Guyana’s oil sector should fund ‘green economy’ ; divert fossil fuel cash to climate change resilience– experts

Last Updated on Saturday, 2 December 2017, 16:44 by Denis Chabrol

Presidential Adviser on the Environment, Retired Rear Admiral Gary Best

Guyana’s oil revenues should be used to finance the development of renewable energy sources and cash normally spent on fossil fuels should be fund systems that can resist the impact of climate change, say top local and regional officials.

“Anticipated earnings from the oil and gas sector should fund Guyana’s transition to a ‘green economy’ and provide a mechanism for a greenhouse gas set-off to compensate for greenhouse gases emanating from this sector,” Presidential Adviser on the Environment, Retired Rear Admiral Gary Best told a University of Guyana (UG)-organised forum titled “Climate Change: The Guyana Imperative for Prospering in a Climate Altered World.”

He said Guyana would require significant “obligated” public and private financing to address climate change adaptation and mitigation. Best noted that Guyana was on track to ensuring that sufficient funds are made available in this regard, “given the endless debate on what constitutes new and additional financial resources.”

He argued that climate adaptation measures do not yield significant profits and climate financing institutions have not provided new and additional cash, as mandated by the United Nations Framework Convention on Climate Change, causing many countries count overseas development assistance as climate finance contributions.

Best also took issue with the recently introduced  insurance mechanism to cover most vulnerable persons against the the “most adverse” effects of climate change. “This is now an insurance mechanism driven and controlled by the developed countries. It is not new and additional climate finance. This is another control mechanism and deviation from public funding of adaptation efforts,” he said.

He noted that an Adaptation Fund, which should have been funded by public funds as a key adaptation bank, has been overtaken by a Green Climate Fund now being capitalised through significant private sources.

The Caribbean Community’s (Caricom) Programme Manager for Energy, Dr. Devon Gardner added that Guyana and other Caribbean countries should not depend need to generate a renewable energy plan that could allow them to divert a lot of their fossil fuel expenses to developing infrastructure and other systems that can resist the impact of climate change.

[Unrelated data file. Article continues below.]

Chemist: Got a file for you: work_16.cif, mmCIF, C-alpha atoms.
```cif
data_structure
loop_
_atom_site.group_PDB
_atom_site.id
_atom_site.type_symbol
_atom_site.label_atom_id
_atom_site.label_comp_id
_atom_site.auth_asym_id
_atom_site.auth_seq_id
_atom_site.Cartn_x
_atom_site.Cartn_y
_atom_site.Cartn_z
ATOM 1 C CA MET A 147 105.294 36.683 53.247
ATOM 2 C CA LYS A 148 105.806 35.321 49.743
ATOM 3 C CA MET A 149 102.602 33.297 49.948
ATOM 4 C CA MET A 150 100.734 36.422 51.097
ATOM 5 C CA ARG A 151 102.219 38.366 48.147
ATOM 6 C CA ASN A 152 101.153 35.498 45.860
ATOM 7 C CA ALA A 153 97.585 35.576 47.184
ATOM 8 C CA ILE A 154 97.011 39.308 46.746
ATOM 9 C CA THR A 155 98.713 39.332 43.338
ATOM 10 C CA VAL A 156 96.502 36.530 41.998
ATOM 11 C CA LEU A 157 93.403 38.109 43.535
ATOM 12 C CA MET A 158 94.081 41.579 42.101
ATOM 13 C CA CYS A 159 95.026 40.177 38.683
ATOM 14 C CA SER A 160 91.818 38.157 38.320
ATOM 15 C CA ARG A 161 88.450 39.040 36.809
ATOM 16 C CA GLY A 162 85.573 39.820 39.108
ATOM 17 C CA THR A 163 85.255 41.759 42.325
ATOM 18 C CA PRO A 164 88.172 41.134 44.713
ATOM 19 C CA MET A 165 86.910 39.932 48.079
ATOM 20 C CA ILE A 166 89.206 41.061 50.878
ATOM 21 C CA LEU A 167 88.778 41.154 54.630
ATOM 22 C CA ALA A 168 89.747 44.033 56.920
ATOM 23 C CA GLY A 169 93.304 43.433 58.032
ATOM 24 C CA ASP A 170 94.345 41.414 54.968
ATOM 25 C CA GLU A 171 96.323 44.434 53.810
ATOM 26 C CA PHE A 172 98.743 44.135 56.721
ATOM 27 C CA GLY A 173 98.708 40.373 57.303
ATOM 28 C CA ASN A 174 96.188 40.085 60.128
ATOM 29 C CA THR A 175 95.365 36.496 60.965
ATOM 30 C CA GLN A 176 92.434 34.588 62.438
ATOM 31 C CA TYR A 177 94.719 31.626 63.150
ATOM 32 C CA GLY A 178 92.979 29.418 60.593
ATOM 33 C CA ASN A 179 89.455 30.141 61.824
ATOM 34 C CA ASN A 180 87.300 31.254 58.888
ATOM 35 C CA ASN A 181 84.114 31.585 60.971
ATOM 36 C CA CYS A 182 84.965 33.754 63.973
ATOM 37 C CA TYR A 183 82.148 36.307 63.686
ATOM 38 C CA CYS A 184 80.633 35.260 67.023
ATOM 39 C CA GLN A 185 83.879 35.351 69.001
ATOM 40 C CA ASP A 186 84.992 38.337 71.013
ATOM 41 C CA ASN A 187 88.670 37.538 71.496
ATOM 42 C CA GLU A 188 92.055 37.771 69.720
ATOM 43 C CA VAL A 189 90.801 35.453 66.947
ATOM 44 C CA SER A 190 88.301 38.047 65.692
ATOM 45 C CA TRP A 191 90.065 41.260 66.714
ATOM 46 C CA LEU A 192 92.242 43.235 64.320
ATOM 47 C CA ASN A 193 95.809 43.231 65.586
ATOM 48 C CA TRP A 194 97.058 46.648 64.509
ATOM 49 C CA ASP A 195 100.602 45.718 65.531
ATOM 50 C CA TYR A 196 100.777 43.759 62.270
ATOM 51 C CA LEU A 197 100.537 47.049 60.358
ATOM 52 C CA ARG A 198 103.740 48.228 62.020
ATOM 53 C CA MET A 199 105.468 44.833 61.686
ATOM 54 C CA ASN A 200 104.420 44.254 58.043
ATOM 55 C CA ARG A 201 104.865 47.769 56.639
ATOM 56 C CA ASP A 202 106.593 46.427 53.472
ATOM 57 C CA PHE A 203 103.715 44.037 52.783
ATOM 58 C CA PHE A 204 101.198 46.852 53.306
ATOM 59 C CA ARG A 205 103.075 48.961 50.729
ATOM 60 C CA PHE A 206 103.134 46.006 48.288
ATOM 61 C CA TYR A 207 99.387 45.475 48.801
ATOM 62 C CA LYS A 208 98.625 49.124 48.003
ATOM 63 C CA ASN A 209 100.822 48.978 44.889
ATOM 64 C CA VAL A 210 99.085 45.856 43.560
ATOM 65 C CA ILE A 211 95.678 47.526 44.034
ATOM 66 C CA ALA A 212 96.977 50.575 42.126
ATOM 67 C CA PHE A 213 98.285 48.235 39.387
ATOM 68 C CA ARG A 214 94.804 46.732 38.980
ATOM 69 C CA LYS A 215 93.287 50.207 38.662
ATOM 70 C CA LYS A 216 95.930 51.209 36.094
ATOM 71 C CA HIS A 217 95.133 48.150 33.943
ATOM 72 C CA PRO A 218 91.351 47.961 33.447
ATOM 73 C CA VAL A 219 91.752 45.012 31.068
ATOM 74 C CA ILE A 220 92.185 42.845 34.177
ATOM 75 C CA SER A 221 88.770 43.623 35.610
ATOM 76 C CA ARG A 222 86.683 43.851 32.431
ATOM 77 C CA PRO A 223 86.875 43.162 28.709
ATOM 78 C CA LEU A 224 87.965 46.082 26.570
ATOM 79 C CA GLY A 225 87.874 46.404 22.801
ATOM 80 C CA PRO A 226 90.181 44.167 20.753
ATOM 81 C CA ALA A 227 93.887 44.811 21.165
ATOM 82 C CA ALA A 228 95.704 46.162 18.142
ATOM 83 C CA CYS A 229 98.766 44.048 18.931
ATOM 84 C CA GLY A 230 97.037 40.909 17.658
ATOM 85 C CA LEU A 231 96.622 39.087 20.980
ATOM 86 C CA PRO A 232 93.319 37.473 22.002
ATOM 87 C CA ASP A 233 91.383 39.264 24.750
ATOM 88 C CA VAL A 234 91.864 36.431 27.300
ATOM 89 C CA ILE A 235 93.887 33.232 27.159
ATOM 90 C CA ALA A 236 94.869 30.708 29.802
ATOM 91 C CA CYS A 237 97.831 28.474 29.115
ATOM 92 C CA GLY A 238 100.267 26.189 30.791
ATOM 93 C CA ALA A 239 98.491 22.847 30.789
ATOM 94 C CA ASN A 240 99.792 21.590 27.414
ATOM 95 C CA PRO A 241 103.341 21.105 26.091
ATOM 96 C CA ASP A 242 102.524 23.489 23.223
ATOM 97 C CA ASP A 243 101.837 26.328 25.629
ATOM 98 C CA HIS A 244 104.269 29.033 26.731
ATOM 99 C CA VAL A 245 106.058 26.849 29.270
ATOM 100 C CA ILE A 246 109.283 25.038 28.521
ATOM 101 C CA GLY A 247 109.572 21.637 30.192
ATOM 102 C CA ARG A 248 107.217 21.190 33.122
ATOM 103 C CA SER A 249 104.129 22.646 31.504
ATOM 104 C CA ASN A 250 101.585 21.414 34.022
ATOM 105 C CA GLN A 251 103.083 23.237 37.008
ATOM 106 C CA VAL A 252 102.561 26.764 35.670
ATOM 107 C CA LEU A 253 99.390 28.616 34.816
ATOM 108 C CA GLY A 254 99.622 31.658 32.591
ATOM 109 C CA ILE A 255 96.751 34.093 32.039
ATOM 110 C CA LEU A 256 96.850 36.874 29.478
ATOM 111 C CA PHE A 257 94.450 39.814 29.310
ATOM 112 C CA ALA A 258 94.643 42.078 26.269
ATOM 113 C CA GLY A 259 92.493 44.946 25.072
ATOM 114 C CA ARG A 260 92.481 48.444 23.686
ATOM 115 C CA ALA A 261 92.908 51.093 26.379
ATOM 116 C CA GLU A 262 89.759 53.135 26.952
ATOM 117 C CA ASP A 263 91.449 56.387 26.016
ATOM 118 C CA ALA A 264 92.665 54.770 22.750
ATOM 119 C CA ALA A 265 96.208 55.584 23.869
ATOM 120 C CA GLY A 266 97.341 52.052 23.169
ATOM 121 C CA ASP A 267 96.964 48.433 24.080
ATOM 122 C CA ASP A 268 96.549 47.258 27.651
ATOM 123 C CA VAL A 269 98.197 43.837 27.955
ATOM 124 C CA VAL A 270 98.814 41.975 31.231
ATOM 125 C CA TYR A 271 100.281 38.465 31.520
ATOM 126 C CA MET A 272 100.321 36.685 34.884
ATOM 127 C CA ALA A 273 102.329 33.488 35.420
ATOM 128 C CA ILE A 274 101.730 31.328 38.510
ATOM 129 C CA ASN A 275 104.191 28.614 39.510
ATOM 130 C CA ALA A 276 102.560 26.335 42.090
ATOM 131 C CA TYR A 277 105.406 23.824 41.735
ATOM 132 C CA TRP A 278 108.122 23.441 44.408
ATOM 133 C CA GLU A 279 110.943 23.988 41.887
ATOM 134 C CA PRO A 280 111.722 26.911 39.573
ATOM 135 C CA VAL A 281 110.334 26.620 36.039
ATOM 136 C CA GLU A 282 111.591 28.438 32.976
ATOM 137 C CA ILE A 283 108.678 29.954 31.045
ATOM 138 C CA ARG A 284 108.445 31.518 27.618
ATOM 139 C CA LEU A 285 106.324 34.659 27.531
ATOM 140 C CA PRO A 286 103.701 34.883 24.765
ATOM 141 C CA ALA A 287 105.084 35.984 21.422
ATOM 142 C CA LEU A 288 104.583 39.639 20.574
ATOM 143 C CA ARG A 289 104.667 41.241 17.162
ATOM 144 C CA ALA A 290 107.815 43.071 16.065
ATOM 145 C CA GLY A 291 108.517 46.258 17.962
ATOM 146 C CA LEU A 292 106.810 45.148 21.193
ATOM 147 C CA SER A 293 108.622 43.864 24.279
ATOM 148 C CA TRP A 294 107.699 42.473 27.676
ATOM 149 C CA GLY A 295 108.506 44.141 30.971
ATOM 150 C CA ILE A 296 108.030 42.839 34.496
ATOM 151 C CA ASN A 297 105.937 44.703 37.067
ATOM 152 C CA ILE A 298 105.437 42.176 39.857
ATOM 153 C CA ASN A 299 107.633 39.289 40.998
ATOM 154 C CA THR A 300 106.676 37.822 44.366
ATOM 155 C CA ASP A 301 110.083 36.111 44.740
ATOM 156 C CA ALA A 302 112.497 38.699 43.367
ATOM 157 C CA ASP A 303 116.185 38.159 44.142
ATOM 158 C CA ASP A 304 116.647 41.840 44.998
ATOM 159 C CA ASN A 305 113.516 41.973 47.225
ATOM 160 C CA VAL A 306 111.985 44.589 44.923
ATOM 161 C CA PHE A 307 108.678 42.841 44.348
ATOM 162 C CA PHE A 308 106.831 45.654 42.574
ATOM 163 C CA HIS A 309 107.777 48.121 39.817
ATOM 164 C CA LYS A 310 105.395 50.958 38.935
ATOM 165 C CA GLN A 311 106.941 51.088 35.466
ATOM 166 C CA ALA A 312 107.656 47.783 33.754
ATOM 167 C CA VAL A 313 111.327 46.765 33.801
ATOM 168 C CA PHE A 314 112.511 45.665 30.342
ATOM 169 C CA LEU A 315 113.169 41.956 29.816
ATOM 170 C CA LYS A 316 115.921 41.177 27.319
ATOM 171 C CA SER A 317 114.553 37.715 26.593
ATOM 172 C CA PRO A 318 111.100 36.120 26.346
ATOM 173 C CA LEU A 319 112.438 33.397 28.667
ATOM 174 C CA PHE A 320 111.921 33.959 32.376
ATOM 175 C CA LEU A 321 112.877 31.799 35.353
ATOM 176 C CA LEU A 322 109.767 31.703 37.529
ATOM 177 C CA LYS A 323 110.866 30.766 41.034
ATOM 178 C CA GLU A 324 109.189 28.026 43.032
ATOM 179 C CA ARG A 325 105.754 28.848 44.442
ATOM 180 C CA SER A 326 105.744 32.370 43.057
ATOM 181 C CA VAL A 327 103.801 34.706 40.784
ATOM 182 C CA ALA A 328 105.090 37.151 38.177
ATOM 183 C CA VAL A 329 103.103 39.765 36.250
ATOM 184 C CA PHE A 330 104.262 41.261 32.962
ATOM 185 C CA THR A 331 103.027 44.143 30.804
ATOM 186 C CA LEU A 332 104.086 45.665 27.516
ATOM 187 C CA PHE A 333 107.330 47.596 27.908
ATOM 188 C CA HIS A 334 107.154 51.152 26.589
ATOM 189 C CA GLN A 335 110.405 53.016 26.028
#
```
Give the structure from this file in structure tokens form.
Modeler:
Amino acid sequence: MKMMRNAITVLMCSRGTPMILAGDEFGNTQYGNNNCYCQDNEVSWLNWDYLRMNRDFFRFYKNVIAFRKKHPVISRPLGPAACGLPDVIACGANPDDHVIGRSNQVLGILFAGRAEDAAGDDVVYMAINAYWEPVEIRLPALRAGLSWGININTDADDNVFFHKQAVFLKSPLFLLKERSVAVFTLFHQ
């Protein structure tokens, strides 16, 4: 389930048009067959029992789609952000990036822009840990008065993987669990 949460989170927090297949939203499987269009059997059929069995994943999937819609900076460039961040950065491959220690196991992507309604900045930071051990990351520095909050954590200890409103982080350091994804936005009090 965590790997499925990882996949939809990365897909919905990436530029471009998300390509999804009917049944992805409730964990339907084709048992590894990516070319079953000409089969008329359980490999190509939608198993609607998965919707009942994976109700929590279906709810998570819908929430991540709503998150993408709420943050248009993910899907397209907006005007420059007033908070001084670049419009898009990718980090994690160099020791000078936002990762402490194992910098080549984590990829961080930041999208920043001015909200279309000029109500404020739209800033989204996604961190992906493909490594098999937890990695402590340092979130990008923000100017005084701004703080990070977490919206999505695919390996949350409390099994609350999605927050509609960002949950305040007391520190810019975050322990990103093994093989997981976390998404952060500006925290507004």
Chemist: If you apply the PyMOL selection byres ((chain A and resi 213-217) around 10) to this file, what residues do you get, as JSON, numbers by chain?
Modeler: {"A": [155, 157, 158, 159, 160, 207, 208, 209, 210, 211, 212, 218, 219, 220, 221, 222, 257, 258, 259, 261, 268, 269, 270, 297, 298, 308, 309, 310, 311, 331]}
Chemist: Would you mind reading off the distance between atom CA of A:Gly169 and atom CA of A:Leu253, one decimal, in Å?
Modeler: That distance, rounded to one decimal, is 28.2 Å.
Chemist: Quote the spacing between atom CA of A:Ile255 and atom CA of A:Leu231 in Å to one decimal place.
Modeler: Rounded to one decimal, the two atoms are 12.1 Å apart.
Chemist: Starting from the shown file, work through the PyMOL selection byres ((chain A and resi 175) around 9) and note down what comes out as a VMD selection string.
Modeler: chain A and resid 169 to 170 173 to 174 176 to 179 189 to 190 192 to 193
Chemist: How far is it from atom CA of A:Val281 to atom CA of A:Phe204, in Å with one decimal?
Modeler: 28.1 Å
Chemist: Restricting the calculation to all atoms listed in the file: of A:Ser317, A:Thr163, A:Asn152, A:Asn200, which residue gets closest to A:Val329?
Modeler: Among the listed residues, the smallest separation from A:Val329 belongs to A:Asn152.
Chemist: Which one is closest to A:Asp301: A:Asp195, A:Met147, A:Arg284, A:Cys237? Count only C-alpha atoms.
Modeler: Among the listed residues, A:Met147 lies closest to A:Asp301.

Gardner he said Guyana has the capacity to produce bio-energy at 12-13 US cents per kilowatt hour, solar energy and small hydro-power stations. “A system that is properly planned and a system that is suitably designed can in fact just not just mitigate greenhouse gas emissions but really derive a greater benefit, that of adaptation,” he said.

Gardner agreed with Best that the region could no longer depend on the international community to pay for climate adaptation. “We must find ways of means of being able to raise resources from within our internal structures that can support some of our adaptation plans and the place to find much of those resources is in the energy sector because the energy sector is where most of our economies bleed,” the Caricom Secretariat official told the 10th Turkeyen Tain Talks named after UG’s campuses in Georgetown and Berbice.

The Caricom Programme Manager on Energy noted that energy costs are up to 29 percent of Gross Domestic Product (GDP) in some countries, and in the case of Guyana, energy imports last year accounted for 24 percent of GDP.

He also highlighted the vulnerability of the Caribbean to higher oil prices as a result of hurricanes that slam the Gulf of Mexico, further depleting the region of much needed foreign exchange that should be spent on social sector development, salaries and develop infrastructure that could withstand the effects of climate change.  “If the system is properly designed, those numbers can in fact go down to the extent where much of that money that is being spent on energy imports could be channeled elsewhere to design the kind of agricultural systems that are more adaptable to climate change to improve some of the coastal infrastructure to make them more resilient to climate change to the flooding that is likely to come and to the countries of the Caribbean where hurricanes are obviously an issue,” he said.

Finance Minister, Winston Jordan, in delivering his 2018 National Budget speech last week in the House, said already the installation of solar photovoltaic panels on 70 government buildings, including ministries, schools, and health centres, has resulted in a 1.86 gigawatt of power savings. Last year, government also installed 10,427 LED lamps and 3,766 motion-sensors across 46 buildings

Government intends to next year install more panels on 74 additional buildings and an additional 10,610 lamps and 1,486 motion sensors, all of which Jordan said could save taxpayers GY$45.5 million per year in energy costs.

In conclusion, Gardner said the region needs the 3Ps- Prioritization, Planning and Partnership- to build energy resilience.